This image, taken by the Moderate Resolution Imaging Spectroradiometer (MODIS) on the Aqua satellite, shows fires burning in parts of Khabarovsk, Amur, and Sakha (Yahkutiya) on July 28, 2011. The large image (download) shows many more fires across the broader region. The fires are marked in red. The Russian government reported 19 large fires in this region on July 28, and RIA Novosti, a Russian news agency, reported 41 fires on July 29. NASA image courtesy Jeff Schmaltz, MODIS Rapid Response Team at NASA GSFC

By Alexandre Billette, Guardian Weekly
9 August 2011

Only a year ago Russia was overwhelmed by an exceptional heat wave, triggering hundreds of fires that destroyed thousands of hectares of woodland. Burning peat bogs around Moscow stifled the city in a thick cloud of bitter smoke.

Now, Russia is burning again. Since the beginning of this year more than 1m hectares of forest have gone up in flames, or are still burning, outstripping the disastrous record of 2010. But the affected areas are more sparsely populated and far fewer people have been evacuated.

The far north of Russia is among the areas that have suffered the most. During the last week of July, Arkhangelsk and the Komi republic had temperatures exceeding 35C. More than 80 fire outbreaks were reported.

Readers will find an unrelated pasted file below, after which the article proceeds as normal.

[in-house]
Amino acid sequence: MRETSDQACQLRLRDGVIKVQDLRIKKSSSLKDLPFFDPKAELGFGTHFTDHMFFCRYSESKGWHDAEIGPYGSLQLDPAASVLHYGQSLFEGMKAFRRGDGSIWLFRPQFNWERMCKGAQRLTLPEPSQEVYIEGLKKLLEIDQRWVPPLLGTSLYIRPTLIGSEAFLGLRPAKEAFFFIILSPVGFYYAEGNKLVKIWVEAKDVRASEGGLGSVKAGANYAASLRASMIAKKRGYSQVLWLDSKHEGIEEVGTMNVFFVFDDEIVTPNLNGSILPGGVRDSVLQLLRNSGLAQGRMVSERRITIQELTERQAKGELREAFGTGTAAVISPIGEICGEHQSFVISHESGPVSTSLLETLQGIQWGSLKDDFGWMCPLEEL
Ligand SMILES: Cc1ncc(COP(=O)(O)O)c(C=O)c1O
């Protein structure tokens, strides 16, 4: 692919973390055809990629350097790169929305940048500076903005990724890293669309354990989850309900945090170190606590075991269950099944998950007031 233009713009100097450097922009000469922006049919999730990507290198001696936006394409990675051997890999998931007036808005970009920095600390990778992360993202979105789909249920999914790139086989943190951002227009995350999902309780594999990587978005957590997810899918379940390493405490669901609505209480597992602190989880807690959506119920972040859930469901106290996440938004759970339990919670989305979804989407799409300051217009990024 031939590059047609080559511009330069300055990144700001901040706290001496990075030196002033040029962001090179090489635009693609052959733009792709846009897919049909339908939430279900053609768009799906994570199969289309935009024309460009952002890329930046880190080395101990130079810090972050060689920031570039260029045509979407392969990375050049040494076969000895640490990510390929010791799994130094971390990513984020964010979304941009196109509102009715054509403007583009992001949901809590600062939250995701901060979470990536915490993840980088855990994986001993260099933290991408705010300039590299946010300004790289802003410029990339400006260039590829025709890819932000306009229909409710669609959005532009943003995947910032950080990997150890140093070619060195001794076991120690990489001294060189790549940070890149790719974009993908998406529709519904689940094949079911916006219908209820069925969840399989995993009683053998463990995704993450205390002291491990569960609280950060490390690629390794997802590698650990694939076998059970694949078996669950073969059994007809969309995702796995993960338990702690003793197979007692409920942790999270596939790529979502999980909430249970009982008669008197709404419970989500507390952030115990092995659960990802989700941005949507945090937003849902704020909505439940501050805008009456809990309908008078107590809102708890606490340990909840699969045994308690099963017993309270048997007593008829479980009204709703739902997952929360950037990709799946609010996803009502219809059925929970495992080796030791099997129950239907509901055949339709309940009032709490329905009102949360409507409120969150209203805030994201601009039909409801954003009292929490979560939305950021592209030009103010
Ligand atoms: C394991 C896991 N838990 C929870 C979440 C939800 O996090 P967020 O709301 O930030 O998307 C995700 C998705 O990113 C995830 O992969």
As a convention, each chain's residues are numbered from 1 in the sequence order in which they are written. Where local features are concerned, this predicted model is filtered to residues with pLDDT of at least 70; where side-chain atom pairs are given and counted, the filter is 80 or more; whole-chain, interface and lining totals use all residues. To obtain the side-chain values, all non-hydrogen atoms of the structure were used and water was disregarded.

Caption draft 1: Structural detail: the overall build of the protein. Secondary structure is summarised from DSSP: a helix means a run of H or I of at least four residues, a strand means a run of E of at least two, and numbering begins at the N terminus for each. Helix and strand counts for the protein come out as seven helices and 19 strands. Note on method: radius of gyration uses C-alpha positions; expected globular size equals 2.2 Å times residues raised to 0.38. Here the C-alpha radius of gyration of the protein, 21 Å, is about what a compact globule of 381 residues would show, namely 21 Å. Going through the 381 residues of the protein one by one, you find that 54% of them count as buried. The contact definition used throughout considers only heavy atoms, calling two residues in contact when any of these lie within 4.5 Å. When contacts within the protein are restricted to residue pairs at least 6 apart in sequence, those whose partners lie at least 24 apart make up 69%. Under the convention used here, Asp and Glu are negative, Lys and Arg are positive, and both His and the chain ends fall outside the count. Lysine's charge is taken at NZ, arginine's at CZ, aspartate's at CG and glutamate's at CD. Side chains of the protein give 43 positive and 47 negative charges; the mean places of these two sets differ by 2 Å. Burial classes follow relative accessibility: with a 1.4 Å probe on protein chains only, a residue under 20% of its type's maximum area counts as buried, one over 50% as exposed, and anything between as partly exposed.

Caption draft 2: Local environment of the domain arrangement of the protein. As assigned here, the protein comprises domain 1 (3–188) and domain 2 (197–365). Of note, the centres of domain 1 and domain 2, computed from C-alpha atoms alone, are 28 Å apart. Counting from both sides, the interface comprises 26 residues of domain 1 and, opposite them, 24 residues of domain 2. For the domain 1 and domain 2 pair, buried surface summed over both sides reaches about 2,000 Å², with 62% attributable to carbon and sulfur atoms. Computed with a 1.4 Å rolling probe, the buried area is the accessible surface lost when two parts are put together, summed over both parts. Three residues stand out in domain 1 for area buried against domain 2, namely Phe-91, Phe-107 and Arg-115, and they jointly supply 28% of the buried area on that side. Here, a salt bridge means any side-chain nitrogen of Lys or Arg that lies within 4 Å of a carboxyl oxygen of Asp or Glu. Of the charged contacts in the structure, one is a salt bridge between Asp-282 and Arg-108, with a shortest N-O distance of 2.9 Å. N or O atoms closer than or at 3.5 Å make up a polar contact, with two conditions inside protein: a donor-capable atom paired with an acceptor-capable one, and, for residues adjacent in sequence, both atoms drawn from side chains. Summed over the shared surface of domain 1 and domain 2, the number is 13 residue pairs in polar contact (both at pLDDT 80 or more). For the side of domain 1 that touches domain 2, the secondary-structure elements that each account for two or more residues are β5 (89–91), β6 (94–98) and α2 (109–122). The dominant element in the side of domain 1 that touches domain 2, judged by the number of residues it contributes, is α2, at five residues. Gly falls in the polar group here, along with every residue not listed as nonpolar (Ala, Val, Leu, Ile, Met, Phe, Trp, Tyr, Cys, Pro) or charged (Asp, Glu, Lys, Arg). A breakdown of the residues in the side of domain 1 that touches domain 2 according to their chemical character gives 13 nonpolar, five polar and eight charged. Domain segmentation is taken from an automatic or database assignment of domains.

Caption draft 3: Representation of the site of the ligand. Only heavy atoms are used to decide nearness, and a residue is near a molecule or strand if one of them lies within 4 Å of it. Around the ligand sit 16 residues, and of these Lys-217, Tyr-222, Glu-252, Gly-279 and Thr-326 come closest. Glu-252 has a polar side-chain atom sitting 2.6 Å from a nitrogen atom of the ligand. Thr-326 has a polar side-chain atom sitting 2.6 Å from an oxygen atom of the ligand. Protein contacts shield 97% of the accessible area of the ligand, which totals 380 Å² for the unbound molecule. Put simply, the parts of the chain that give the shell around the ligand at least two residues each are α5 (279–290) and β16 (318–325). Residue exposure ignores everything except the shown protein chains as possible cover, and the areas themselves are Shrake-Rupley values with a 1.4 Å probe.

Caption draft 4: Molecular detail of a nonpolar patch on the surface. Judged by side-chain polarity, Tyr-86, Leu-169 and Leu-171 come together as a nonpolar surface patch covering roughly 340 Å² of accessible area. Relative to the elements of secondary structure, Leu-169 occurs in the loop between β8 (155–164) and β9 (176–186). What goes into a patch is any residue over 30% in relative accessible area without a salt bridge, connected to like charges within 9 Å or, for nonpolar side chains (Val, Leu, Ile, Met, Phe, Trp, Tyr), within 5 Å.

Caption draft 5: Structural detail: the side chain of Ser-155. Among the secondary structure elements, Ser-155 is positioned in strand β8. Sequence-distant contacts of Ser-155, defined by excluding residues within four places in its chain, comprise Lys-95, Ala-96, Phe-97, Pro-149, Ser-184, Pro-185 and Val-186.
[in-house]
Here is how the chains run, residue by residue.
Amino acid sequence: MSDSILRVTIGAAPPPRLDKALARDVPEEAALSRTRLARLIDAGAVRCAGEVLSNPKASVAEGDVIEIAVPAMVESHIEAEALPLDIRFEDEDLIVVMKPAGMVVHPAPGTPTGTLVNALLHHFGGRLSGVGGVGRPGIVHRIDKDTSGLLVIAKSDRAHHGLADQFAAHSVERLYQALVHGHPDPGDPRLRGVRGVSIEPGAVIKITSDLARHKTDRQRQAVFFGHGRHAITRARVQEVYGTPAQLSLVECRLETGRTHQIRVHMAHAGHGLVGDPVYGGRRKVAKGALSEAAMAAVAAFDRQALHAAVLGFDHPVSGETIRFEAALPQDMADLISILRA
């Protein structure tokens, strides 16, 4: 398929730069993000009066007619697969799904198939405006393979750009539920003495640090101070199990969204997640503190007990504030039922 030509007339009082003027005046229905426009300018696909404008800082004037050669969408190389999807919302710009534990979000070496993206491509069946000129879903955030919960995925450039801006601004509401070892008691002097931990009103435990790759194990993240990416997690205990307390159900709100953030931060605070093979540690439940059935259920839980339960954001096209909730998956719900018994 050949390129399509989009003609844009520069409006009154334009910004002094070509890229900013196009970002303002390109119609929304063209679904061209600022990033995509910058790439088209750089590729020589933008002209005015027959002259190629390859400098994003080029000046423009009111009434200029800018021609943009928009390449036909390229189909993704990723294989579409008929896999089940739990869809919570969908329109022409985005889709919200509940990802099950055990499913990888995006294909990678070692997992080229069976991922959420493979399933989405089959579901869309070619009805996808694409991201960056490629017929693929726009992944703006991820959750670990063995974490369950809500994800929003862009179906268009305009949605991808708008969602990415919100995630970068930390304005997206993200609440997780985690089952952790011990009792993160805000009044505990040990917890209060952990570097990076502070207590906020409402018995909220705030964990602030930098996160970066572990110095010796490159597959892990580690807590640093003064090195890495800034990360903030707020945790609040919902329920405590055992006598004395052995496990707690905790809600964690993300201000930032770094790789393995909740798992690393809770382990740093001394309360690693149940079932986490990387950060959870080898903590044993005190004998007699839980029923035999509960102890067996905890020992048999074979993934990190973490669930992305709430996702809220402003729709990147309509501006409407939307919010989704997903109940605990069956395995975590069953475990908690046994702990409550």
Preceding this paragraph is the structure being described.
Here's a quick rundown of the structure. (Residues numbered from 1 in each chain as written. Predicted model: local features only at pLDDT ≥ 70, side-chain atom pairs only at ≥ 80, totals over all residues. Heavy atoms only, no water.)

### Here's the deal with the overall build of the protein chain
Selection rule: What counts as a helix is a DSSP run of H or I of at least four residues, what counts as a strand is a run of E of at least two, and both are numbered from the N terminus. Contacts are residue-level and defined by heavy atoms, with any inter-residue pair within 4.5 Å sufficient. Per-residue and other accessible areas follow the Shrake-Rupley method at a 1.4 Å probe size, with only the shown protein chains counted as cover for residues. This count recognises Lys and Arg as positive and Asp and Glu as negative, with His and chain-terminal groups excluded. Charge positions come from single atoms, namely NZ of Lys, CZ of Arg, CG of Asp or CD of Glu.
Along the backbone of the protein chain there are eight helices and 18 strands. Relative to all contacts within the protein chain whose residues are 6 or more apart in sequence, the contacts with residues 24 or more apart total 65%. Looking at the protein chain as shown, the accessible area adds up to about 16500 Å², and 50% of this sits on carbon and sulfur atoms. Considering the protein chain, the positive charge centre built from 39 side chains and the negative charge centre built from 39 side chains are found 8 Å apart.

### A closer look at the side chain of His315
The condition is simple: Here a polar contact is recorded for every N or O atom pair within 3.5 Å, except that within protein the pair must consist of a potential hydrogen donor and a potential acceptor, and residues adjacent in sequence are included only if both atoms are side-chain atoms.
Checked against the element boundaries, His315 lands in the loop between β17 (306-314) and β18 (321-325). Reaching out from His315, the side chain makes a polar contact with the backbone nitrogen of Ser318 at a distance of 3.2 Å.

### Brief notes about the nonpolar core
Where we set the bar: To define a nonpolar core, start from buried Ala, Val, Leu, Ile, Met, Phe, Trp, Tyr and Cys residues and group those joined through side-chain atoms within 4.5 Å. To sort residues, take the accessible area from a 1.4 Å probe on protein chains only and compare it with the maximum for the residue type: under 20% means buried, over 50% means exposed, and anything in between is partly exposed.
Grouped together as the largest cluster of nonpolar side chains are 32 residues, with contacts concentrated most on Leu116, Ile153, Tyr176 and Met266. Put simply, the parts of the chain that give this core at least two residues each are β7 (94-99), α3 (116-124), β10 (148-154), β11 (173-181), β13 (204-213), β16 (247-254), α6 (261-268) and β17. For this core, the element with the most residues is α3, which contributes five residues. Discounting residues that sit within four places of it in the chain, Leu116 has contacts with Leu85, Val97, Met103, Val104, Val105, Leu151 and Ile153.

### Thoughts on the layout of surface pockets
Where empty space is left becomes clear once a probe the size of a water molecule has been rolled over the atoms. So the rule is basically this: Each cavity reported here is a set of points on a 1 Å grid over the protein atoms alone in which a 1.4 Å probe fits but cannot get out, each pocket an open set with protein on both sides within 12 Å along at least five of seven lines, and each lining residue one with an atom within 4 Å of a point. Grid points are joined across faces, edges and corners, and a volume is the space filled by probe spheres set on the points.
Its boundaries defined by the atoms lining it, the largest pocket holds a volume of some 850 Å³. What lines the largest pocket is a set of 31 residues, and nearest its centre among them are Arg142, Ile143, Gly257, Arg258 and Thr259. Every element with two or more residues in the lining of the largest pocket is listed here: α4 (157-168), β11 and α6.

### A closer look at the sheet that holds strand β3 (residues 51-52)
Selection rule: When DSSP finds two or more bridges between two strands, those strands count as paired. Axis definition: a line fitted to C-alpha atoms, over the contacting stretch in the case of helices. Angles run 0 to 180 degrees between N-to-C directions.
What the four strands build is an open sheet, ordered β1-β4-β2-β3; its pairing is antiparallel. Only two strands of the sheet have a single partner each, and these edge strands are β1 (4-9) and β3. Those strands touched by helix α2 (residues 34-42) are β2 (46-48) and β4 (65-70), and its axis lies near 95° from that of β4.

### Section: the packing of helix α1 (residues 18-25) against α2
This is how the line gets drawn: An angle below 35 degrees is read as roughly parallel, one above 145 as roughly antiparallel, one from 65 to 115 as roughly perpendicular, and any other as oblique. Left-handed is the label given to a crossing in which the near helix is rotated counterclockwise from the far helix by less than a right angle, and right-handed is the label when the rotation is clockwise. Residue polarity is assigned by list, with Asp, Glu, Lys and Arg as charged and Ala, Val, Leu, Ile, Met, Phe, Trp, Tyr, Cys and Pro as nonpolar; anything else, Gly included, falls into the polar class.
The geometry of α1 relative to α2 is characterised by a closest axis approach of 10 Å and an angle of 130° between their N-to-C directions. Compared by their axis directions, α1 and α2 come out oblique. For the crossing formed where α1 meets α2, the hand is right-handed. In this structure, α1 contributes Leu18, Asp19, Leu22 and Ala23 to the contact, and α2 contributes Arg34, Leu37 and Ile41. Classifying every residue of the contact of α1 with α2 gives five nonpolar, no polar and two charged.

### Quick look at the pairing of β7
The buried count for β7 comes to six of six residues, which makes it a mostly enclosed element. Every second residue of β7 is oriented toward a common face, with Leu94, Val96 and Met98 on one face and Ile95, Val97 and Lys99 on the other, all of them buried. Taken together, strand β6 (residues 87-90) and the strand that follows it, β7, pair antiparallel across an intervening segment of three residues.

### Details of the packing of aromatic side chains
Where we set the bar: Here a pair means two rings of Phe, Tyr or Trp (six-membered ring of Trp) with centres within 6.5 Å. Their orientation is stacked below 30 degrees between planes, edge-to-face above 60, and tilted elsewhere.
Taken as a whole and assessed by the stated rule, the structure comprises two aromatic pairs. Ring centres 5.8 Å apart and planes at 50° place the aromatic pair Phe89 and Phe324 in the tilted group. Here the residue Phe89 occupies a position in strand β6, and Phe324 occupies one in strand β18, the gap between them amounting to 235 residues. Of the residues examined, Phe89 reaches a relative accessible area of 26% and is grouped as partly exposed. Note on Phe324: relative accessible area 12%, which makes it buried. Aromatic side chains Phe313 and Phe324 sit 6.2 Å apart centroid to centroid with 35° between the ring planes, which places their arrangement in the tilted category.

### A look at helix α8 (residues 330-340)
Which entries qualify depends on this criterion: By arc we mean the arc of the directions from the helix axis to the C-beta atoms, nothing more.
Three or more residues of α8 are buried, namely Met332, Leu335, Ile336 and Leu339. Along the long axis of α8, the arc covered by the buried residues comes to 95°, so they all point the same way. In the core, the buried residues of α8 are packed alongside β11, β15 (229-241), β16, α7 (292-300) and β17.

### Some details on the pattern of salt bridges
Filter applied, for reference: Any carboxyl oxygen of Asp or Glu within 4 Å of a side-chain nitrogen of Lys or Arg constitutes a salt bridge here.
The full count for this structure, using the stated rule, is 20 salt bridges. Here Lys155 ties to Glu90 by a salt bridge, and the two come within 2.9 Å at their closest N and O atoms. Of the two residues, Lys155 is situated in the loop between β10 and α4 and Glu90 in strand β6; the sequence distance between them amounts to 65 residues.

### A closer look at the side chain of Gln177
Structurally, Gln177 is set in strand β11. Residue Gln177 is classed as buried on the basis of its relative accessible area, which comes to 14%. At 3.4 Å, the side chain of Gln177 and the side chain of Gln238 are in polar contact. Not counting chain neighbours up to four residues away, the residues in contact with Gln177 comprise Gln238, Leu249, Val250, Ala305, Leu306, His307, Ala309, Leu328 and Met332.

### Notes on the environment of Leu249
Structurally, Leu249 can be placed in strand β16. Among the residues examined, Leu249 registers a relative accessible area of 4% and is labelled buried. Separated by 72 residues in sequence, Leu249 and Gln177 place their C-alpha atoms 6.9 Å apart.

The far east has suffered too. At the beginning of August about 50 fires were raging, especially around Khabarovsk, Yakutsk and the island of Sakhalin. Southern Russia has not escaped: several villages have been evacuated around Rostov-on-Don and Volgograd, where temperatures rose above 40C in July.

In a country that is 97% forest or woodland, fires are an inevitable hazard. But the scale of last year's disaster drew attention to the poor job the Russian authorities were doing to prevent and combat fires. […]

Greenpeace claims that the government is playing down the situation. "Official reports indicate 93 hectares of land on fire in the Amur area; in fact it is more like 50,000 hectares, as can be seen from satellite images," says an NGO spokesperson. […]

Russian forests burn for second successive year

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